October 10th, 2016 | By Nick Sargen
These developments leave us positioned neutral about interest rates in the near term but defensive over the long-term. We are maintaining an over-weight position in U.S. corporate credit, but recognize credit markets are closer to being fairly valued versus treasuries. Meanwhile, we remain cautious about the rally in equities continuing amid sluggish growth.
The momentum in favor of risk assets continued to build in the third quarter, as reflected in a strong showing for U.S. corporate bonds, equities and emerging market debt and equity. In the United States, high yield bonds and equities led the way, posting returns of 5.6% and 3.8%, while emerging market equities and debt generated total returns in U.S. dollars of 9% and 4%, respectively. These gains boosted cumulative YTD returns for the Barclays Aggregate bond index and the S&P 500 index to 5.8% and 7.8%, respectively. Comparable returns for emerging market equity and debt indexes now stand at 17.2% and 14.8%, respectively.
This powerful rally in risk assets begs a key question – namely, what is driving it when the U.S. and global economy have been sluggish and U.S. corporate profits have declined for the past year and one half? The answer, in our view, is that investors effectively have re-priced corporate stocks and bonds: They effectively are extrapolating that the current environment of record low interest rates will persist for the foreseeable future.
We believe some of the re-pricing in risk assets is merited by the behavior of the Federal Reserve and other central banks, which continue to pursue low-interest rate policies. While Fed officials sent a strong warning to the markets that they were prepared to raise interest rates as early as September, they once again backed away when recent economic data turned out softer-than-expected. Nonetheless, the statement from the September FOMC meeting indicates that policymakers are open to raising interest rates later this year, with the most likely date being the December meeting.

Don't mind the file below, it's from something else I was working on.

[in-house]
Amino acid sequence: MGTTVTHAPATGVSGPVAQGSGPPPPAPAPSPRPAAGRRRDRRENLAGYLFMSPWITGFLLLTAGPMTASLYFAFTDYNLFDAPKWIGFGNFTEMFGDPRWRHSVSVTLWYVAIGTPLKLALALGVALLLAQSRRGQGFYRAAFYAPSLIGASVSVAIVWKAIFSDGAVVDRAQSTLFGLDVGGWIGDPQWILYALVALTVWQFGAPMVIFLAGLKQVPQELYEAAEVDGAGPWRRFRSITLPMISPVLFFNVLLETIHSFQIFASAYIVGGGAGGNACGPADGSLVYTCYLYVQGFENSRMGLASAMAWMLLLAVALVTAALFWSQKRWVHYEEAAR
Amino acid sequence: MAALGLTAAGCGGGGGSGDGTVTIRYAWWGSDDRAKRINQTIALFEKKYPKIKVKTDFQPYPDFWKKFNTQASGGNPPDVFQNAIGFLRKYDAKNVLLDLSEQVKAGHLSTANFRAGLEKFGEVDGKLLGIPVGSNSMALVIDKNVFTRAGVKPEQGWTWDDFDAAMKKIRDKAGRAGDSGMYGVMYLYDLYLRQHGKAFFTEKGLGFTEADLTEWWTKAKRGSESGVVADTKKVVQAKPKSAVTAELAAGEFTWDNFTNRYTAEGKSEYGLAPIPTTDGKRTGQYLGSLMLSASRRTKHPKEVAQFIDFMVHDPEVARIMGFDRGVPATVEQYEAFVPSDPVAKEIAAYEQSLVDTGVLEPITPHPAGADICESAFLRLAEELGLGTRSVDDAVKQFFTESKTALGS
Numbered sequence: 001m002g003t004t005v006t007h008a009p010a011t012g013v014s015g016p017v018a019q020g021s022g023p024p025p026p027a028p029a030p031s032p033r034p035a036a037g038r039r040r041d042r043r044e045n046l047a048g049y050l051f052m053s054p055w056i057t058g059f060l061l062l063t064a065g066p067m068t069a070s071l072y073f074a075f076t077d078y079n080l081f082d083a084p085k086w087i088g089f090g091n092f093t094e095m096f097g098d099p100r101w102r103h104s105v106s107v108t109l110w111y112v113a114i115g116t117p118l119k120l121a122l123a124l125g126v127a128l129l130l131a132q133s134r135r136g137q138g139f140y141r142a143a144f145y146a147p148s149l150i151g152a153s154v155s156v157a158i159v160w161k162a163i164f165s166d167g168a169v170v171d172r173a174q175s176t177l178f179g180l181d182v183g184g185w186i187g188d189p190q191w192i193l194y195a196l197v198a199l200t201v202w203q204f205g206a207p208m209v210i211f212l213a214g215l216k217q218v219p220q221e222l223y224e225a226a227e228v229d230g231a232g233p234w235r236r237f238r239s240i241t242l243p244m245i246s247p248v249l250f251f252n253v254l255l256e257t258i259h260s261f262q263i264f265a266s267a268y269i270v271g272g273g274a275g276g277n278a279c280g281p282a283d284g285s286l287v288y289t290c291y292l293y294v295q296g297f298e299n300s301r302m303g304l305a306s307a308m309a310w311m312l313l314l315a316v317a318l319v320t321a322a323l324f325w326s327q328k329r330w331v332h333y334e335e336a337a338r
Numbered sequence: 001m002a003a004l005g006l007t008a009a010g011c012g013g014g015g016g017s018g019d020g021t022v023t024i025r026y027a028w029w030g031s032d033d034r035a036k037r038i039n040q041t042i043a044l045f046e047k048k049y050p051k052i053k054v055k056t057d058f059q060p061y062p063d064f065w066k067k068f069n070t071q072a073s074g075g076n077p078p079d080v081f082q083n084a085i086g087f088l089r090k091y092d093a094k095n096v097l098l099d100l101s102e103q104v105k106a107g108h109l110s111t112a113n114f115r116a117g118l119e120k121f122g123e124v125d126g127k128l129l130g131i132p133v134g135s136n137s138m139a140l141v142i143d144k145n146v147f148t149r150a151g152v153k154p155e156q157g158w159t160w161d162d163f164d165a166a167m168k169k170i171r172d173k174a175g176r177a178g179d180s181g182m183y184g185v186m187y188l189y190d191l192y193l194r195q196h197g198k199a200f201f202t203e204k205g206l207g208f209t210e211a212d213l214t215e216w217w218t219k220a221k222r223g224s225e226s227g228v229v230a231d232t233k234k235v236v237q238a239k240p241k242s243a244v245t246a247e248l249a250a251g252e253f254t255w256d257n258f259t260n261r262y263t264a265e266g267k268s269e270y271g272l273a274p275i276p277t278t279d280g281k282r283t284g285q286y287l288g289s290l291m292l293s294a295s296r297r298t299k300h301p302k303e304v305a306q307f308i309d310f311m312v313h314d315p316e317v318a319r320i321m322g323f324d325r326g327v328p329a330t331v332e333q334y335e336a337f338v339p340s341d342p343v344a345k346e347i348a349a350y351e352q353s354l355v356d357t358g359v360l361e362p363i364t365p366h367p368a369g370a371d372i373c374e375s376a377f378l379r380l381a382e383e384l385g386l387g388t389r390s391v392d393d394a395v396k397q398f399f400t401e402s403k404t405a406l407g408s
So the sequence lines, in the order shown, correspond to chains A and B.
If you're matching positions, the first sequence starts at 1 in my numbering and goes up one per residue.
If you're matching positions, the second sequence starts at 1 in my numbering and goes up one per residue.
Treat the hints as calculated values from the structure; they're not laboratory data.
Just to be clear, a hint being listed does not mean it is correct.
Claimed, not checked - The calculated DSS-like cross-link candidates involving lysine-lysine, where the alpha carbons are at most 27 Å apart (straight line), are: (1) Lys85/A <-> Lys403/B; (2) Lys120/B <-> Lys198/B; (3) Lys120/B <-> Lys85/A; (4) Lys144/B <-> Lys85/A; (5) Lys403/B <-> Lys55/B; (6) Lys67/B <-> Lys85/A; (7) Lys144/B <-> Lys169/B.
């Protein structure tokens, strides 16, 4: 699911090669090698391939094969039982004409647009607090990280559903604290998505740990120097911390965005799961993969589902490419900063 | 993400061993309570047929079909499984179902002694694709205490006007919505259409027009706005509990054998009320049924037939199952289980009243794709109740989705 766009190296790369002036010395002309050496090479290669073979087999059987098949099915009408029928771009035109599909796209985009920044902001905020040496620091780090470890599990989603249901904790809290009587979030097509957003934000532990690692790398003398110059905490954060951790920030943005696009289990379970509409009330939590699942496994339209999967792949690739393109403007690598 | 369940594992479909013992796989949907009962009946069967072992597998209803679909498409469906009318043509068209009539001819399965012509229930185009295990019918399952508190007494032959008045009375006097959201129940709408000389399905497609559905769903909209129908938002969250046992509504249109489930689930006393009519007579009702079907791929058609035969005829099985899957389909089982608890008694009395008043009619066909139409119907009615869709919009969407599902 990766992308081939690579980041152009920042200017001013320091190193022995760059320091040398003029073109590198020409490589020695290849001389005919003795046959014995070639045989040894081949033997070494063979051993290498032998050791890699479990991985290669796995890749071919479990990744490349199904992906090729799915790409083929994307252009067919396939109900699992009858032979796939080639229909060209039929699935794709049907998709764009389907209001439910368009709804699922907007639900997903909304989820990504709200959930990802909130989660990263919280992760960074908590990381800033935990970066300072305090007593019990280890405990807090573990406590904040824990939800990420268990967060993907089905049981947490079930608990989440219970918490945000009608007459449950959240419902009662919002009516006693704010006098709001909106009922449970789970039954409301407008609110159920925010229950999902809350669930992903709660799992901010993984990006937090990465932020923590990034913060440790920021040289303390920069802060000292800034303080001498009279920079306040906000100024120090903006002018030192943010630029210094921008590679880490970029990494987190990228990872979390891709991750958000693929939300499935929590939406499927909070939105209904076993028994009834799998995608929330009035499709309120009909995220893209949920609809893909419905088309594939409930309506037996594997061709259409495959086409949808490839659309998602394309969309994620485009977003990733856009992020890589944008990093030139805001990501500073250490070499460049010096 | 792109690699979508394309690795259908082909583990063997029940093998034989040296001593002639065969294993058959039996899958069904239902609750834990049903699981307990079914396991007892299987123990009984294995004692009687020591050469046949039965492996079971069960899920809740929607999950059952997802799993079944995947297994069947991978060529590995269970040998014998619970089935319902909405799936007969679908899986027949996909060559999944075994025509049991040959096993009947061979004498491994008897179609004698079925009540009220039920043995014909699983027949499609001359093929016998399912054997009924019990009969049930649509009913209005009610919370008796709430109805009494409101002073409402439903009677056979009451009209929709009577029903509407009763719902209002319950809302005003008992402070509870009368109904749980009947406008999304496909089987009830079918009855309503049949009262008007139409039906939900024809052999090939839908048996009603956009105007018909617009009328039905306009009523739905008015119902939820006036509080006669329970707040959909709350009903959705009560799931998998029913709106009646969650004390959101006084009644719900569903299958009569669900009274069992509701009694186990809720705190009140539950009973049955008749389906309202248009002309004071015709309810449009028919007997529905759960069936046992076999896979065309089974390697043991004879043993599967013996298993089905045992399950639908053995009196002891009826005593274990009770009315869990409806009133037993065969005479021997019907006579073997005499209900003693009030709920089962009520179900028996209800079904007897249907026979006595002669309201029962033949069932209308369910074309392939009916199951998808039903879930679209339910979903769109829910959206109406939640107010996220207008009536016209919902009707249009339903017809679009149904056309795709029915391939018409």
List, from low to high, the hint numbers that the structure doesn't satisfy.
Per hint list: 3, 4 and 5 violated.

Our view is the timing of any individual move is not as important as the glide path for future rate increases. On this score, there continues to be a wide gap between expectations of market participants, who foresee only a quarter percentage move each of the next two years versus those of Fed officials, who foresee interest rate increases of approximately two percentage points over the same period. We acknowledge the bond market has done a better job forecasting rates than the Fed in recent years, but we also believe it is too pessimistic about the long-term prospects for the U.S. economy and interest rates.
One of the conundrums this year is that the stock market has posted a strong rally since mid-February even though U.S. corporate profits have been soft. Wall Street analysts began the year with an upbeat assessment for corporate profits, but they have had to revise their estimates down steadily during the course of the year. They are now calling for a mild decline in earnings for the third quarter, which would represent the sixth consecutive quarterly decline. Despite this, analysts remain optimistic that profits will rebound in the fourth quarter and continue to rise steadily in 2017.